BJJ Poll: If Your Natural Weight is Between Two BJJ Competition Weight Divisions, Do You Bulk Up or Cut Weight?

If you have ever competed in BJJ tournaments, you have had to make a decision about cutting weight. This week at the FightWorks Podcast Headquarters in San Diego, we received the following email from Europe:

When I started in Brazilian jiu-jitsu I weighed 170, now I weigh 145(with the gi) and look much better. I like to be the weak guy in the gym so I can beat bigger dudes with my technique. Now I started competing and I never know which weight class suits me better.
People normally recommend to cut weight. I know I can cut to 139 but maybe I’ll be too skinny(I’m 5’9″ tall). The other option would be to increase my muscular mass to get to 152. Maybe what I prefer and what is better for me differ. I’m sure many of the listeners have the same problem. What should we do?

So I thought we would ask the Mighty 600,000 what they do! Let us know by voting in the poll and share your thoughts in the comments section!

3 Replies to “BJJ Poll: If Your Natural Weight is Between Two BJJ Competition Weight Divisions, Do You Bulk Up or Cut Weight?”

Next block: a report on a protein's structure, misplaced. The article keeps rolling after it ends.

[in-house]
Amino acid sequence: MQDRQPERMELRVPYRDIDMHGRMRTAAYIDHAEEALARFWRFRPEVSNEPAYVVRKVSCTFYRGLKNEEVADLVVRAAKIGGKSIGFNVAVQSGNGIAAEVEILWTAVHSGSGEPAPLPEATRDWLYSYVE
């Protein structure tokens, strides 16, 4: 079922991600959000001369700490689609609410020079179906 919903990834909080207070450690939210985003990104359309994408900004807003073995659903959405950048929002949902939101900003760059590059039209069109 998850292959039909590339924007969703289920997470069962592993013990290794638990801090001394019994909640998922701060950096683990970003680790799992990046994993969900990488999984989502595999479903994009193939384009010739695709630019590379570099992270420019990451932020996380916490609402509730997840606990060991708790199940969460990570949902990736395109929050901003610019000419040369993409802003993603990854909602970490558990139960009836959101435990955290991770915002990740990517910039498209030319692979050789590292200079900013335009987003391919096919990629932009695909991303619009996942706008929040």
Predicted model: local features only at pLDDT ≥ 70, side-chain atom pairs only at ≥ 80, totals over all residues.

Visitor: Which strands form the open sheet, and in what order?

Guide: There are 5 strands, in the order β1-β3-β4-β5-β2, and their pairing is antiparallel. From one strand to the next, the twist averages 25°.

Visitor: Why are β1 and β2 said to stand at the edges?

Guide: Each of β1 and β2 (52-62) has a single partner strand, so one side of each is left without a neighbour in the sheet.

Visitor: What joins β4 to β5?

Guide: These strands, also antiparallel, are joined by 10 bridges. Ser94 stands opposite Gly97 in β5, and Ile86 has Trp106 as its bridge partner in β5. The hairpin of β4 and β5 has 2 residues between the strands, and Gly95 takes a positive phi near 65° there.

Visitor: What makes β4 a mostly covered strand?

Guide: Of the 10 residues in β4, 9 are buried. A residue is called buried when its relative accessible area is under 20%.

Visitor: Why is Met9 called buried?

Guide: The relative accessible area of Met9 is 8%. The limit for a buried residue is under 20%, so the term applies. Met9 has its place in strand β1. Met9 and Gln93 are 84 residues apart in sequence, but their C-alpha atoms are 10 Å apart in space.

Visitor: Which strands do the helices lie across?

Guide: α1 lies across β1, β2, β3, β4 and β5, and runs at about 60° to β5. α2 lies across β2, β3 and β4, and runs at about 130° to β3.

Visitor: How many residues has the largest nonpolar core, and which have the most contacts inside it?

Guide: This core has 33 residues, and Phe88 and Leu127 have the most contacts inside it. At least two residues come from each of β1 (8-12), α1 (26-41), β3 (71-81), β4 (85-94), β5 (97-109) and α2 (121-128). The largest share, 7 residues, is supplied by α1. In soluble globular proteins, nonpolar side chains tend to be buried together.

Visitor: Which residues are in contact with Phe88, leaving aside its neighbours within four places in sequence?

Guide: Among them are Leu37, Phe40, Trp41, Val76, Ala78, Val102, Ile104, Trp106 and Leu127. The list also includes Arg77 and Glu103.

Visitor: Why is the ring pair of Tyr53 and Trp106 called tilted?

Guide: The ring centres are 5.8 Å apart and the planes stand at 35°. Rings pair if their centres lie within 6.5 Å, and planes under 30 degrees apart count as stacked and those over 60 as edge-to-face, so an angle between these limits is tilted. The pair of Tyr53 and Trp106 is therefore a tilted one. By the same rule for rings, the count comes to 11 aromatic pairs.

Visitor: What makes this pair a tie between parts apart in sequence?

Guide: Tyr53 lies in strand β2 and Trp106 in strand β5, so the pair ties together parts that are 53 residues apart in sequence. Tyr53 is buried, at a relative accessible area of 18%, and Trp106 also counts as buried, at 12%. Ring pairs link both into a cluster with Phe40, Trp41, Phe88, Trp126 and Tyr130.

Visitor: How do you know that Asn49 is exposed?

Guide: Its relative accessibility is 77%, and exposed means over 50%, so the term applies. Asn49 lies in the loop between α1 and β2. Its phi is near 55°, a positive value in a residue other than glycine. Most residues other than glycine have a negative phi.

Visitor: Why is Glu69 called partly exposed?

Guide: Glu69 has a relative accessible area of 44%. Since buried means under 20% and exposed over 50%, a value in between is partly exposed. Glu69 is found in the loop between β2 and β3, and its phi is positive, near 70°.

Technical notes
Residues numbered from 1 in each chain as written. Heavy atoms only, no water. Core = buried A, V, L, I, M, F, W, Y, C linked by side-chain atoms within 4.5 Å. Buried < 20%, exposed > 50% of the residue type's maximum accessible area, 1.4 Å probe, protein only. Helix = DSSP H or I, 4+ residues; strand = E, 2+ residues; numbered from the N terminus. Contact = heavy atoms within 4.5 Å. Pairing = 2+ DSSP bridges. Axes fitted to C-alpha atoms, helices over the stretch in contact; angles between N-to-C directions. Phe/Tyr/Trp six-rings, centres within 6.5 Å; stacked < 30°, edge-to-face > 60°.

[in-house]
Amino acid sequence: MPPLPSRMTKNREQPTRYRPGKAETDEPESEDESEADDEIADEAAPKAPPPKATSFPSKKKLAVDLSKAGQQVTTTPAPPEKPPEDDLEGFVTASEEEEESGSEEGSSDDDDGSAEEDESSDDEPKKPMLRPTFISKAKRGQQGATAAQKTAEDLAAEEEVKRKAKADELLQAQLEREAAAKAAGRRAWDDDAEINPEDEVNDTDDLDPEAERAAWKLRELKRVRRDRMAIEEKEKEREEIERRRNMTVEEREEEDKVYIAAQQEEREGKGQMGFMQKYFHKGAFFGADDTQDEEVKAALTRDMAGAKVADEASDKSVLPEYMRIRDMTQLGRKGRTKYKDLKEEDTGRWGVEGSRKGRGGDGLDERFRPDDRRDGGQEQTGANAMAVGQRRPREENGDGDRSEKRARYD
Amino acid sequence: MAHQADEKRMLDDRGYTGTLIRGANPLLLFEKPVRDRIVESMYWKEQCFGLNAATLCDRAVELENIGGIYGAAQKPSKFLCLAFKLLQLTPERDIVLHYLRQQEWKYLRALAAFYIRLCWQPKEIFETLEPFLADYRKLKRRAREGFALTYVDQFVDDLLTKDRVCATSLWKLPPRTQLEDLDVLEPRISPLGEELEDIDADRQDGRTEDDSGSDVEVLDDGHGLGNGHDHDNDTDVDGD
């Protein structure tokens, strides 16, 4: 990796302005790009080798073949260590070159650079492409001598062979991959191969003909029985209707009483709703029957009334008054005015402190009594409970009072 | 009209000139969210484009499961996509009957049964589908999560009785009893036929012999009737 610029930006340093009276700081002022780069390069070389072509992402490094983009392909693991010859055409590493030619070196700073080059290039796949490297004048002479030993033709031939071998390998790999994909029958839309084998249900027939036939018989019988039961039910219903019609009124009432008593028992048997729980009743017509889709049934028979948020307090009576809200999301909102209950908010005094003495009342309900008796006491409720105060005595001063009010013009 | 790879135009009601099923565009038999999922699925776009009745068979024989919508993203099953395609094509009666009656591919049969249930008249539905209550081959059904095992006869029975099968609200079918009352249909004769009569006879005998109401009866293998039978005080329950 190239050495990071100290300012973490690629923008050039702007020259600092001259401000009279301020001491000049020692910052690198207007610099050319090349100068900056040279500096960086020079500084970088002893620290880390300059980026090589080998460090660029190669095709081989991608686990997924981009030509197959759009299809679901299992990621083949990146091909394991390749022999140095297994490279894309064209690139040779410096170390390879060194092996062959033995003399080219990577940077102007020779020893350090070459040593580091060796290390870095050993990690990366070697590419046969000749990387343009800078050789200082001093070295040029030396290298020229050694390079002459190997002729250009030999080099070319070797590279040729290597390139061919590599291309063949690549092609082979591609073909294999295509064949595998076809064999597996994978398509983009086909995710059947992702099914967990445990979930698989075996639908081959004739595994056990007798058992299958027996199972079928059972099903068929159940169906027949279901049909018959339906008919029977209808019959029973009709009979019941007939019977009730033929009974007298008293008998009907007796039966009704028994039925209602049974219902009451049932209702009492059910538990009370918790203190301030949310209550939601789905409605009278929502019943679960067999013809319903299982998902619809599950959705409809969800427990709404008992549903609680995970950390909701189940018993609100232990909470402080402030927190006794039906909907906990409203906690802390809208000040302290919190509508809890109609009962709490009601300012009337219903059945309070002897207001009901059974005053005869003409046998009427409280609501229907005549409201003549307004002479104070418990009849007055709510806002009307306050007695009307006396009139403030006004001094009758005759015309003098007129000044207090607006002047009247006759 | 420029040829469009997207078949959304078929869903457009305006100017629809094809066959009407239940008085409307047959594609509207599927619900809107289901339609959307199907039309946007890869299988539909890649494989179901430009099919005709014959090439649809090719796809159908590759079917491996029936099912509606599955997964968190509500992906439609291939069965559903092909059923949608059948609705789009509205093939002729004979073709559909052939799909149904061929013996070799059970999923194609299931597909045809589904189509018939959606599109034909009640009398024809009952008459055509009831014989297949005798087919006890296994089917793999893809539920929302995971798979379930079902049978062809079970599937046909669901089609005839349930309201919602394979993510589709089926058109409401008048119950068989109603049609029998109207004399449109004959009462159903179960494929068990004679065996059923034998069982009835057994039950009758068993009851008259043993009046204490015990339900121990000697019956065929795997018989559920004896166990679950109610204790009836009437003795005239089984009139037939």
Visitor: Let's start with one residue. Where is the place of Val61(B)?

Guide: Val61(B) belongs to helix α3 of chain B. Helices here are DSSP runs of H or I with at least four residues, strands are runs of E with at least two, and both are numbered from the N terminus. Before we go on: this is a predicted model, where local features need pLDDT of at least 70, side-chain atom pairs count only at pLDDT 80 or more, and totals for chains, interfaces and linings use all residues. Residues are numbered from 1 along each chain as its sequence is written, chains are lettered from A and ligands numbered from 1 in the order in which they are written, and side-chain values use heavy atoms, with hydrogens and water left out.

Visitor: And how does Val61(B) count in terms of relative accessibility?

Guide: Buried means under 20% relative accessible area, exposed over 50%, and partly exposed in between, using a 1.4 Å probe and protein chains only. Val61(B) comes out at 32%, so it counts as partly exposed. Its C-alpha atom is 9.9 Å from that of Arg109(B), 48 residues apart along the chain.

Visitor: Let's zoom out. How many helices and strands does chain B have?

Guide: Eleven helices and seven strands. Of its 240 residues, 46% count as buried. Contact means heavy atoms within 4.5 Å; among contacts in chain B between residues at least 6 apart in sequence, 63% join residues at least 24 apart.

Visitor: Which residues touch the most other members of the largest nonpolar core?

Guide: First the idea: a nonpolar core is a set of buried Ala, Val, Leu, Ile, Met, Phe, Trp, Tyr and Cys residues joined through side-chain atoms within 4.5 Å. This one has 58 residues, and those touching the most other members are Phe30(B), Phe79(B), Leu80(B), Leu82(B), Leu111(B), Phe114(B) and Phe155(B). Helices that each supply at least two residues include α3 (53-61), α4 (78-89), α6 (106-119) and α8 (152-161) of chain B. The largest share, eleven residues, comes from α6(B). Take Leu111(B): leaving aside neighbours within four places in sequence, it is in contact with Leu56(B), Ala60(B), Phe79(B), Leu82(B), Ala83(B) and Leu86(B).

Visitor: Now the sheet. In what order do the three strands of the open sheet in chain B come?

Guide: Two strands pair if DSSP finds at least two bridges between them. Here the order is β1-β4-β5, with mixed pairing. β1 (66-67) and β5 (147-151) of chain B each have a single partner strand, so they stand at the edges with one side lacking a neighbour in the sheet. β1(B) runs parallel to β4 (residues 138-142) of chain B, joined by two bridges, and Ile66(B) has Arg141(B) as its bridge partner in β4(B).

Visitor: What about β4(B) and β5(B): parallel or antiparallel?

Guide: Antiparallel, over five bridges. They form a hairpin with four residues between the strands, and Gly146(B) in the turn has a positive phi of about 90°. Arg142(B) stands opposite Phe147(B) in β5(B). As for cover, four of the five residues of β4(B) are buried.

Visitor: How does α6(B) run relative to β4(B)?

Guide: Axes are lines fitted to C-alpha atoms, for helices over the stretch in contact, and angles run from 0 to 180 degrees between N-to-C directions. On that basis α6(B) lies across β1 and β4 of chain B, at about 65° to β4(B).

1. I personally like to do about 4 tournaments a year just to make sure I keep weight off in general. Once I retired from kayak racing I blew up to 245 pounds. now I compete quarterly at 200 pounds and 195 at pan ams and I find it keeps me where I should be weight wise.

  2. Cutting from 145 to 139 (6 pounds) is a relatively simple cut if you have a decent idea of what you are doing (look online for info on cutting weight if no one at your academy is familiar with the correct way to cut). Alternatively, putting on 7 pounds of muscle (~5% of his body weight) is not going to be easy (putting on 7 pounds of fat is another story…). That being said, you will always find guys at tournaments that are used to cutting crazy amounts of weight (there is a former state champion wrestler at our school that cuts 15-20 pounds from 185-190 to 170) and there is nothing you can do to control that aspect. Find the weight class in which you feel most comfortable and don’t worry about the other guys.

  3. Not to be discouraging, but one other thing I found that is particularly relevant to this question:

    “Researchers from the Netherlands, for example, found that men with a “solid” build gained more muscle than men with a “slender” build following a 12-week weight-training program. Although fat-free mass increased in both groups, the slender guys gained only 0.7 pounds (0.3 kilograms) versus 3.5 pounds (1.6 kilograms) in the solid group.”

    (Here is the study: Van Etten, L.M., Verstappen, F.T., & Westerterp, K.R. (1994). Effect of body build on weight-training-induced adaptations in body composition and muscular strength. Medicine and Science in Sports and Exercise, 26, 515-521)

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